NPR Story Goes for the "Wow", Neglects the "Why" of Immigrant Detention

By Jerry Kammer on November 21, 2013

On NPR's Morning Edition this week, reporter Ted Robbins had the makings of a good story about a congressional mandate that requires Immigration and Customs Enforcement to hit an expensive target for detention of illegal immigrants.

But the story careened immediately into editorial Never-Never Land with host Steve Inskeep's sophomoric introduction. Then Robbins drove it into the reportorial briar patch with his own editorial slant on a story that should have let the facts speak for themselves.

Said Inskeep, incredulous and dismayed, "This next story – Wow! Imagine your city council telling the police department how many people the police had to keep in jail each night!"

Robbins described the mandate as "just part of the massive increase in enforcement-only immigration policies over the last two decades."

He gave my CIS colleague Jessica Vaughan exactly one sentence to defend the policy as "necessary because of the high risk" that unless the detainees were held in custody they "are simply going to flee or skip out on their" hearings in immigration court.

Immediately after that comment, Robbins went to former ICE official Victor Cerda, who dismissed it as "very simplistic" and "very expensive". Robbins then described less expensive alternatives to detention, including electronic monitoring with ankle bracelets.

Now, I know about the remarkable background of this story. I can even claim to have played a very small part in its evolution. I think if Robbins wants to describe the current situation with immigrant detention as part of an "enforcement-only" approach, he should have noted that it is a response to the absurd situation of a few years ago, which, for the sake of discussion, I will call "enFARCE-ment only".

Here is the top of a story I wrote in 2005 about the surreal phenomenon of illegal immigrants crossing the Rio Grande and searching for the Border Patrol to ensure their safe passage northward. Datelined McAllen, Texas, it began:

In the silvery-blue light of dusk, 20 Brazilians glided across the Rio Grande in rubber rafts propelled by Mexican smugglers who leaned forward and breast-stroked through the gentle current.

On the U.S. side, the Brazilians scrambled ashore and started looking for the Border Patrol. Their quick and well-rehearsed surrender was part of a growing trend that is demoralizing the Border Patrol and beckoning a rising number of illegal immigrants from countries beyond Mexico.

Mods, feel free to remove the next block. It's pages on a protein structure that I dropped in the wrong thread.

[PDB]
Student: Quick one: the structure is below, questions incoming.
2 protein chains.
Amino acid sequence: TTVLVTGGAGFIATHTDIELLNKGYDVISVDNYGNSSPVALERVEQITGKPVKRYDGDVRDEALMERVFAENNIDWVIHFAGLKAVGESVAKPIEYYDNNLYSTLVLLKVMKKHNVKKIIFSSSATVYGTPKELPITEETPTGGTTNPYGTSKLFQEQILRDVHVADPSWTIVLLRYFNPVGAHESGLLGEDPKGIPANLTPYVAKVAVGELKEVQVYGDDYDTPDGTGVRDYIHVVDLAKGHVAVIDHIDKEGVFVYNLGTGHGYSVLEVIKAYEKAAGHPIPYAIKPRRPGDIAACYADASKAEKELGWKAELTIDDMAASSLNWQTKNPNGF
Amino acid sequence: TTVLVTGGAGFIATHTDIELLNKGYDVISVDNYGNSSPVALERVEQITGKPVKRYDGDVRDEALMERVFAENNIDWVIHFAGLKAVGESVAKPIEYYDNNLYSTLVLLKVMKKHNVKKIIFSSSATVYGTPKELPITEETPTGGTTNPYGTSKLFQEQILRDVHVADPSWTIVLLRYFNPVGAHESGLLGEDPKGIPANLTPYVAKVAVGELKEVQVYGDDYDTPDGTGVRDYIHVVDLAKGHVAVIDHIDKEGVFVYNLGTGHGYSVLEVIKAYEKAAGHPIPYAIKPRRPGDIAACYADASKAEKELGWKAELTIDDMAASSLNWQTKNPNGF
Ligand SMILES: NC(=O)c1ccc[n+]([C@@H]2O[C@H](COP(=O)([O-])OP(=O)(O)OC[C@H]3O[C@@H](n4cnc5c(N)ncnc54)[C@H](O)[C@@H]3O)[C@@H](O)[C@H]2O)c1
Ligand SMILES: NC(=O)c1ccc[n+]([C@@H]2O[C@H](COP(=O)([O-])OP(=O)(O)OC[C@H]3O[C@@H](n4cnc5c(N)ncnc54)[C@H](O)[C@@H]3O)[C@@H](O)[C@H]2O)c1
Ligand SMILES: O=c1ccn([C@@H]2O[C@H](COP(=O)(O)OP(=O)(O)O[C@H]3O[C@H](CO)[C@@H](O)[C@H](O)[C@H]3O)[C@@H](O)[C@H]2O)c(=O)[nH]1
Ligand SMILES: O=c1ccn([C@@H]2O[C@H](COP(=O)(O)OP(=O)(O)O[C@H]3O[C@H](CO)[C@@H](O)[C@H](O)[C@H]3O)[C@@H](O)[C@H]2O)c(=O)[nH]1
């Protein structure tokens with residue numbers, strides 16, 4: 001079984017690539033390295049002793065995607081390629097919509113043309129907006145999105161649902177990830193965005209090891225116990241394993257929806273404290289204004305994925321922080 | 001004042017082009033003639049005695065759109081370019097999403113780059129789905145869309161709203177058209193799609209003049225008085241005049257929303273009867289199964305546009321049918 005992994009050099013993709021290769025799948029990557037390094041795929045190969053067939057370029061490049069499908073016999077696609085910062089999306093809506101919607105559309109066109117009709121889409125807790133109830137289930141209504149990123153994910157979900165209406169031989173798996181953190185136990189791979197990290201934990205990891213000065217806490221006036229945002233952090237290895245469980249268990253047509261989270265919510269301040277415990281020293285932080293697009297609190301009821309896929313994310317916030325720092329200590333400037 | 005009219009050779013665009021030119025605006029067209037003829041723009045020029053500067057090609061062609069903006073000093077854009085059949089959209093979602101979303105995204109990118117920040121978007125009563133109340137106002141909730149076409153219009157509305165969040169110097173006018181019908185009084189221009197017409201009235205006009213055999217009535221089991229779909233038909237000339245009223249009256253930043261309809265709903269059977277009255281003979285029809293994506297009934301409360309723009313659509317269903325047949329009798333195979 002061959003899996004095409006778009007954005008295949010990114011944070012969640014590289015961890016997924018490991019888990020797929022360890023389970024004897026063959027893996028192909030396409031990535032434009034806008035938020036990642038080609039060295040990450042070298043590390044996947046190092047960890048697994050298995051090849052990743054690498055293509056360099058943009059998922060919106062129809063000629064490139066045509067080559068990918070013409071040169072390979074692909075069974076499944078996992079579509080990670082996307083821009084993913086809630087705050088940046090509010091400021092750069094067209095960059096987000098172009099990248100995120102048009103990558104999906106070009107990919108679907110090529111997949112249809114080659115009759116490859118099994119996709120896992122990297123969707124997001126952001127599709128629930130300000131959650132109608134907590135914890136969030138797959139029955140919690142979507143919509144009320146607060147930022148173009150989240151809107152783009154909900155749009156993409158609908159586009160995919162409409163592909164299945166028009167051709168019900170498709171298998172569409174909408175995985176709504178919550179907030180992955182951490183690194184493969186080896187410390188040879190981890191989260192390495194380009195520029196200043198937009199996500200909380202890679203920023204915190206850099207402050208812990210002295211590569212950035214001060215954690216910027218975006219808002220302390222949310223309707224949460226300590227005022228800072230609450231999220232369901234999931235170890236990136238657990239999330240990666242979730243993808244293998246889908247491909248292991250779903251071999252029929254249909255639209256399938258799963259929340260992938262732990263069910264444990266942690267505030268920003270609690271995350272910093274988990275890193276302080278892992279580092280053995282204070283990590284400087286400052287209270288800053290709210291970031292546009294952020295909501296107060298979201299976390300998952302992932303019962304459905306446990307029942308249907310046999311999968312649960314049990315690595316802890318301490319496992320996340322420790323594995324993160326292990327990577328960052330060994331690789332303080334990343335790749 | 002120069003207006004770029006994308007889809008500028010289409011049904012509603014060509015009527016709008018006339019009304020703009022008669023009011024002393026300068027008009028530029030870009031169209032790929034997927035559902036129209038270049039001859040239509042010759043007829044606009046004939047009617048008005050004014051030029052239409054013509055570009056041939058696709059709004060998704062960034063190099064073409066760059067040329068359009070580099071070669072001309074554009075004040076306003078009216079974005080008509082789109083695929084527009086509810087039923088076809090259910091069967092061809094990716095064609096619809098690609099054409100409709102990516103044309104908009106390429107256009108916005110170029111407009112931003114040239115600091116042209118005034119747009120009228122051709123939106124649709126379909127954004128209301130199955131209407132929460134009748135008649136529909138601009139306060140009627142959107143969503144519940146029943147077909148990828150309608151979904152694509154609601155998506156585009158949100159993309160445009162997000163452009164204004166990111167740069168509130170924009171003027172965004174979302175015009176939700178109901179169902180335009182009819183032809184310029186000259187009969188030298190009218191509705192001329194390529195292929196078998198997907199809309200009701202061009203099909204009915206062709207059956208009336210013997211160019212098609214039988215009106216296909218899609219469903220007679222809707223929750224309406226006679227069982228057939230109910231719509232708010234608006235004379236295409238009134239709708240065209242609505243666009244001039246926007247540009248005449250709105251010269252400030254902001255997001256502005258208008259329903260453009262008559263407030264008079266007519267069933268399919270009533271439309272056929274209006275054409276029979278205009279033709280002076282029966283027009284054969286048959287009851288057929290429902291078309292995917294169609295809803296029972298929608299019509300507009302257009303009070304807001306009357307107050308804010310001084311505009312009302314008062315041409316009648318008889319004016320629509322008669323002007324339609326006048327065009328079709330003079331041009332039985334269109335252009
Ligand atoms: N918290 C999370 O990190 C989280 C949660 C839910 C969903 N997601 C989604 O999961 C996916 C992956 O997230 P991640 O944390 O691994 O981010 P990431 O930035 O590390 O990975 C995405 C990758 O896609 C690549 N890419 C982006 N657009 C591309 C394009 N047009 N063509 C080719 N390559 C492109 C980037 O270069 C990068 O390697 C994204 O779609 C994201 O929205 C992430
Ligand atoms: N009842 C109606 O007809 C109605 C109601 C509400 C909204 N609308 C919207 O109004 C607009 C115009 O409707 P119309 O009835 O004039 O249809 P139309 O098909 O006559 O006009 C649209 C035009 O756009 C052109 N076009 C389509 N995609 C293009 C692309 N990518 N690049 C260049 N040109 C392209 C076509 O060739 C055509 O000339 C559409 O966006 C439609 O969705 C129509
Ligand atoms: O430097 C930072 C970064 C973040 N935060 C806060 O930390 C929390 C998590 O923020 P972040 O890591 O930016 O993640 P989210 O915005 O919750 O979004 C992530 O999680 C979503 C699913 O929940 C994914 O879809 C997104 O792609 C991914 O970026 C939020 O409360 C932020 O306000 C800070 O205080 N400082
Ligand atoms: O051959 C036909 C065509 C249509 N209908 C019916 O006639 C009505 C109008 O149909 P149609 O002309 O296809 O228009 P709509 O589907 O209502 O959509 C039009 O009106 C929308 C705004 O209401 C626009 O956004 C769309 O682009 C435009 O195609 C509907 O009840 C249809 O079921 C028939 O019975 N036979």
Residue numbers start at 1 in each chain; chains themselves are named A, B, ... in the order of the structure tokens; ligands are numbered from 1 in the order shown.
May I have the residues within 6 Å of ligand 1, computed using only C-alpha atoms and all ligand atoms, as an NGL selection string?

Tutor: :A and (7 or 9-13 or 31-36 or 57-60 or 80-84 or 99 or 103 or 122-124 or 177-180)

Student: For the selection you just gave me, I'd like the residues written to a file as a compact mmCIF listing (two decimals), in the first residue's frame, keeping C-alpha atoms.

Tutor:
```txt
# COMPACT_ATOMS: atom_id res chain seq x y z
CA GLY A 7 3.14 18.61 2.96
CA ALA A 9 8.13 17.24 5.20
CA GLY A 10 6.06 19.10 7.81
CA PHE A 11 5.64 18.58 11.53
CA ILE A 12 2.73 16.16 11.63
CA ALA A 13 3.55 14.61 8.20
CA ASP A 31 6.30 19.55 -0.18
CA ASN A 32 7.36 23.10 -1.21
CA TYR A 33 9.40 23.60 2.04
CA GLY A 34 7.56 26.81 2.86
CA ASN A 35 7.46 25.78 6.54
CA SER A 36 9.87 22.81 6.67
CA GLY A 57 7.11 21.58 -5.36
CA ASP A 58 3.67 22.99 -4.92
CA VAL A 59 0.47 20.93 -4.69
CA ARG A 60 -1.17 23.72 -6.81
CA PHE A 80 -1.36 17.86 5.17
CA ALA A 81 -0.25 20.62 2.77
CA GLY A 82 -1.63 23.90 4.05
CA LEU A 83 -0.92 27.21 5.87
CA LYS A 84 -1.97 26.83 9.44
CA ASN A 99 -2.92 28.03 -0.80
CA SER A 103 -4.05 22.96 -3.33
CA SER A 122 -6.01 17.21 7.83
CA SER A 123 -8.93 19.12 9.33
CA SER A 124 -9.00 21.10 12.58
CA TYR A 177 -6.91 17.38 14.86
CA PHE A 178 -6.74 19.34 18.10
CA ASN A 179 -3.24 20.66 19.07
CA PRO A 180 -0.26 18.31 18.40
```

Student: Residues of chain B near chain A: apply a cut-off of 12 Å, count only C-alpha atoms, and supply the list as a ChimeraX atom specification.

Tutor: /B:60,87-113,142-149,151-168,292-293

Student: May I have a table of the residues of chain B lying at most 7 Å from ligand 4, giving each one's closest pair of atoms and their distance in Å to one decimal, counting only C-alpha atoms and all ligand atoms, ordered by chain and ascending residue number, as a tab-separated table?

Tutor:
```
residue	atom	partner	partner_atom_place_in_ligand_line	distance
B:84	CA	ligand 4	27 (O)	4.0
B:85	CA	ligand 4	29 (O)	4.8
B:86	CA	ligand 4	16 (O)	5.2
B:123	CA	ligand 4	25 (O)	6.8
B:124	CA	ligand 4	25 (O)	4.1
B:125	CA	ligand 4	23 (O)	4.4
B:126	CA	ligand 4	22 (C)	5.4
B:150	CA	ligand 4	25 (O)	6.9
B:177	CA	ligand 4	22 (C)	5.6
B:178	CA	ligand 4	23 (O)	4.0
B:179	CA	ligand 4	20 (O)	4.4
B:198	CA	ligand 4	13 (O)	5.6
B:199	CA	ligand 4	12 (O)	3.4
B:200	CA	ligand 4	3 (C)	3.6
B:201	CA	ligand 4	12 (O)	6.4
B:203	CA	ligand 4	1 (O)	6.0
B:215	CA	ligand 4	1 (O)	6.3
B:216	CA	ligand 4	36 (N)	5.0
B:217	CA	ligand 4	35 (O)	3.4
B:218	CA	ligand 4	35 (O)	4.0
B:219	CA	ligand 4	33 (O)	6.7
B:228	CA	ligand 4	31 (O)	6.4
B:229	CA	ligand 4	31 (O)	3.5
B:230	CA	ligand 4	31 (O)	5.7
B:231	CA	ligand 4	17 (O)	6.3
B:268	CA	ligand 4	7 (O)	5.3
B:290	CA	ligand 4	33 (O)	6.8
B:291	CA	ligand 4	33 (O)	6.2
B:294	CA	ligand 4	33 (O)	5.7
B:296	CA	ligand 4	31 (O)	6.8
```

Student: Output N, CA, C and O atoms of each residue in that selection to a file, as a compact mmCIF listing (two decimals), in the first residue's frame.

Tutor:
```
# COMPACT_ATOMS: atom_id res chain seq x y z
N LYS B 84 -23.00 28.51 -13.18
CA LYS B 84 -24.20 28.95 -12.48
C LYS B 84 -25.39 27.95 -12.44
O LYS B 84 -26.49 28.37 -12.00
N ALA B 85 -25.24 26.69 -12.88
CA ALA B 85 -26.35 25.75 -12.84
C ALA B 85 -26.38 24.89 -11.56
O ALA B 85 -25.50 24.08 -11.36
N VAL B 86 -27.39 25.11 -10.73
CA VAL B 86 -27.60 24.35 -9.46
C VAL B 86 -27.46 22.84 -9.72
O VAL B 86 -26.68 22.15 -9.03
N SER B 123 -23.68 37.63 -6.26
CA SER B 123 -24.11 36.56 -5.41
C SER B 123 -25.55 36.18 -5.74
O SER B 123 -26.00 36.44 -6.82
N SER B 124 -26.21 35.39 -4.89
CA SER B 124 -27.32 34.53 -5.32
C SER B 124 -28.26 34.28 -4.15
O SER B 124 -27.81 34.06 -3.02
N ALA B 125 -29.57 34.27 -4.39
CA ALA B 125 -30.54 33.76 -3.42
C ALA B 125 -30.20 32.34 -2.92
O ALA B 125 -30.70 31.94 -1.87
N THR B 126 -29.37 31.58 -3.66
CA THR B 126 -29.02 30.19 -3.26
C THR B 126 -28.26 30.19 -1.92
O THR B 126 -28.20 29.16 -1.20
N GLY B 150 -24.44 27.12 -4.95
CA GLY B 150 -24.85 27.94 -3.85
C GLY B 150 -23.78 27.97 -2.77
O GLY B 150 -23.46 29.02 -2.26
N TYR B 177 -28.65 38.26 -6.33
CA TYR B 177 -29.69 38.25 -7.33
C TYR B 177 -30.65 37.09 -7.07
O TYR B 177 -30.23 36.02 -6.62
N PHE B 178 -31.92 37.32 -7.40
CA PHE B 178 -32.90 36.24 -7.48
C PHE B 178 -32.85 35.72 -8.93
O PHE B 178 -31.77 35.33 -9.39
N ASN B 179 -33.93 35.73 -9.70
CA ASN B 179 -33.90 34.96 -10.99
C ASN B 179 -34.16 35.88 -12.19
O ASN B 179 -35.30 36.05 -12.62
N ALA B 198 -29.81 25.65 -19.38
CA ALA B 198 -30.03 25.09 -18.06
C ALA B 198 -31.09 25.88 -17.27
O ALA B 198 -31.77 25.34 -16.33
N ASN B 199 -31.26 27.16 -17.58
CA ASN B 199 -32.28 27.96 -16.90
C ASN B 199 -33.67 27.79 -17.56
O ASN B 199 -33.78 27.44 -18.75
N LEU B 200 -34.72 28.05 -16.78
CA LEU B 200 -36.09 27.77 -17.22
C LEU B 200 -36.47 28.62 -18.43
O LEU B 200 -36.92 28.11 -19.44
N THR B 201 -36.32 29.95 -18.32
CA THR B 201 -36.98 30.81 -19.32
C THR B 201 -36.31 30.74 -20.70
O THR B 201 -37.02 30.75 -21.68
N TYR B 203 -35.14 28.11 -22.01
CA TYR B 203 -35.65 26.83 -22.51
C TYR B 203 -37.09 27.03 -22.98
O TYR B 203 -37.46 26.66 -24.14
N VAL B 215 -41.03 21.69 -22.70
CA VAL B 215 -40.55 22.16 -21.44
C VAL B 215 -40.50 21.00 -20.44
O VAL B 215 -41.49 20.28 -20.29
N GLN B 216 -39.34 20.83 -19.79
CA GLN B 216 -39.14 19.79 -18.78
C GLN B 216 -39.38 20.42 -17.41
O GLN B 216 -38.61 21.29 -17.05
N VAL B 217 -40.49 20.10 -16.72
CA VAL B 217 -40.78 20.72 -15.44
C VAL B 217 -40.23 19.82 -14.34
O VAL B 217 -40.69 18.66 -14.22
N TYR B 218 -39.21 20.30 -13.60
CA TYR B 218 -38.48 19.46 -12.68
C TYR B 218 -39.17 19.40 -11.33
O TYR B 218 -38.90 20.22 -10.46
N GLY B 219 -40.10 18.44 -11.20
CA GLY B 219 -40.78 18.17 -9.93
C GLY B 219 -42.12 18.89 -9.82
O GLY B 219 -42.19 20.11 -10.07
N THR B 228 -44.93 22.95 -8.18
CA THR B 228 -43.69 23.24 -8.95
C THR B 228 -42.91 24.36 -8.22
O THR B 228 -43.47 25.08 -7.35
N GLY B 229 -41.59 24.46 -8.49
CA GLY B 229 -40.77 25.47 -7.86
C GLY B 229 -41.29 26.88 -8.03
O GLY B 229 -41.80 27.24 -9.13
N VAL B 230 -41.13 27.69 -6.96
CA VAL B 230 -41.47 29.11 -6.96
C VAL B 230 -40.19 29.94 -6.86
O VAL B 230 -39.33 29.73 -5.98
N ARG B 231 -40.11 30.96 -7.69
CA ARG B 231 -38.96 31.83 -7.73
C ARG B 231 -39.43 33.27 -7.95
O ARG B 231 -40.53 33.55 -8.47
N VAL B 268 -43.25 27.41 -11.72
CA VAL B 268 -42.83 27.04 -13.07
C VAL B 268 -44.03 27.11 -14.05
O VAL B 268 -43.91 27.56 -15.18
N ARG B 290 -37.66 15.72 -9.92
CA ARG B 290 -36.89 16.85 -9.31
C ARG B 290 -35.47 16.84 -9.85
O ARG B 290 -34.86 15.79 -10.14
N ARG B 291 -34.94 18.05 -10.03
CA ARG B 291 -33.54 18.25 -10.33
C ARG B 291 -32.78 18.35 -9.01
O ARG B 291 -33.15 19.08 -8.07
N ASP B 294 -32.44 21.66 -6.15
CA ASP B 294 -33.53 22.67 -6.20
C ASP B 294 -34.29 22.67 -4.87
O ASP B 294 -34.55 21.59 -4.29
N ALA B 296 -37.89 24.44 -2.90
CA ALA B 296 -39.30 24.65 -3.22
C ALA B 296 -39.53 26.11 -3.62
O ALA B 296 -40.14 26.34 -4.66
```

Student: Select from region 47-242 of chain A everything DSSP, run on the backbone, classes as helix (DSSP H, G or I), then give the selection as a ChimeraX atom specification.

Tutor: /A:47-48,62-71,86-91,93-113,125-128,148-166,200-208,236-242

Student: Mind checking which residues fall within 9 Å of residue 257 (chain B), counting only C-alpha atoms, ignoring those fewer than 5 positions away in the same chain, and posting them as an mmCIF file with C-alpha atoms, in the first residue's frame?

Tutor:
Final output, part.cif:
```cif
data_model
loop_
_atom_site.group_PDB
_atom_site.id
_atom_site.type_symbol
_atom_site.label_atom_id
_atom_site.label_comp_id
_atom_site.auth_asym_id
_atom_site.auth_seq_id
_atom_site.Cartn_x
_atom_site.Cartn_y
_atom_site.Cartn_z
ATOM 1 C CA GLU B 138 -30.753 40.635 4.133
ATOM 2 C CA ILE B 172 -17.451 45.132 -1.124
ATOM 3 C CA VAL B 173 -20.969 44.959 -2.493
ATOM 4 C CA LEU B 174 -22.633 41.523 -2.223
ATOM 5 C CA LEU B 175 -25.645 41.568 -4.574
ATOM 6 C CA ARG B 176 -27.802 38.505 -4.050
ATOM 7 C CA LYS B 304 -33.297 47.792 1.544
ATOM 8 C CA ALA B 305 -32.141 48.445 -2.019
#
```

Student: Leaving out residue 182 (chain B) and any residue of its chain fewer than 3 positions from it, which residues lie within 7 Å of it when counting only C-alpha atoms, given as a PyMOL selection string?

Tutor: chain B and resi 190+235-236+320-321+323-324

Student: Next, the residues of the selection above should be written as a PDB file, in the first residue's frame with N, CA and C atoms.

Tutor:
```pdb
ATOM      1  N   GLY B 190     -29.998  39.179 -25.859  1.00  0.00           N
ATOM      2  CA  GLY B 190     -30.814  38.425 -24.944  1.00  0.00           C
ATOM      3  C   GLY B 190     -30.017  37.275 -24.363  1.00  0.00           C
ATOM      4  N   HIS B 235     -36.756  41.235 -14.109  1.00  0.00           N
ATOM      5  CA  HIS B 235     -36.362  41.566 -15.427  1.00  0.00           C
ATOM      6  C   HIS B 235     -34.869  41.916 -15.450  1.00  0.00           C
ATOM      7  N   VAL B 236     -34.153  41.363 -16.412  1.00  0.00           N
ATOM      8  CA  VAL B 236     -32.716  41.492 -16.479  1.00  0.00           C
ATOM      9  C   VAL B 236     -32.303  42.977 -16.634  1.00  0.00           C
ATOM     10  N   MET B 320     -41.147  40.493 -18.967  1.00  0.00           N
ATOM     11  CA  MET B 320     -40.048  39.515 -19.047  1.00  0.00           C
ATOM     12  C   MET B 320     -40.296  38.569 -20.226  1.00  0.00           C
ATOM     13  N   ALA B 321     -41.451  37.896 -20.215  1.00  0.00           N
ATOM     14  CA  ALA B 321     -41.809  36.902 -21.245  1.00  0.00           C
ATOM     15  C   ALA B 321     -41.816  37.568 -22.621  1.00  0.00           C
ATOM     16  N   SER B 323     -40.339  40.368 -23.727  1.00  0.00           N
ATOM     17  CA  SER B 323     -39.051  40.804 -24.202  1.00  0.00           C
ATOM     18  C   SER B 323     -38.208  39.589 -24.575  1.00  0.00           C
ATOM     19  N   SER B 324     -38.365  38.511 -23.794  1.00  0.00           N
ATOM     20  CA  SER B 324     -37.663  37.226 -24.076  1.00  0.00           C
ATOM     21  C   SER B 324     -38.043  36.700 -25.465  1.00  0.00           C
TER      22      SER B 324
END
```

"We used to chase them; now they're chasing us," Border Patrol Agent Gus Balderas said as he frisked the Brazilians and collected their passports late last month.

The story explained that because ICE detention facilities were filled to overflowing and because the Border Patrol could not simply send "other than Mexican" illegal immigrants back across the border, tens of thousands of people from Brazil and other countries were being released with an order to appear later in immigration court for a hearing.

And because immigration court dockets were already filled to overflowing, that hearing was usually scheduled several months in the future.

The story filled out the farcical frame by noting that almost none of those hearings took place because almost none of the illegal immigrants showed up. They simply vanished into the continental vastness of the United States. Border policy had been reduced to an absurd game of "catch and release" on a massive scale.

The story stimulated the discussion about what Congress should do to end the industrial-scale mockery of immigration policy at the border. A few weeks after it appeared in the San Diego Union Tribune, Sen. Jeff Sessions read part of it out loud as he questioned Border Patrol chief David Aguilar.

Said Sessions, "Tell me how this can continue, or how it occurred."

Congressional appropriations gradually increased ICE's detention capability from the 2005 level of 19,450 spaces. The detention-bed mandate, which came in 2009, required that ICE fill 34,000 beds. As Robbins noted, the annual cost of the program is a whopping $2 billion.

Robbins made passing reference to the problem of the no-shows, mistakenly reporting that many had disappeared after being ordered deported. He did nothing to explain the bizarre background that is an essential element of the story.

It may indeed be absurd to spend so much on detention. But it is poor reporting to fail to note how the strange situation evolved from another set of extreme circumstances to which many people responded with an incredulous "Wow!"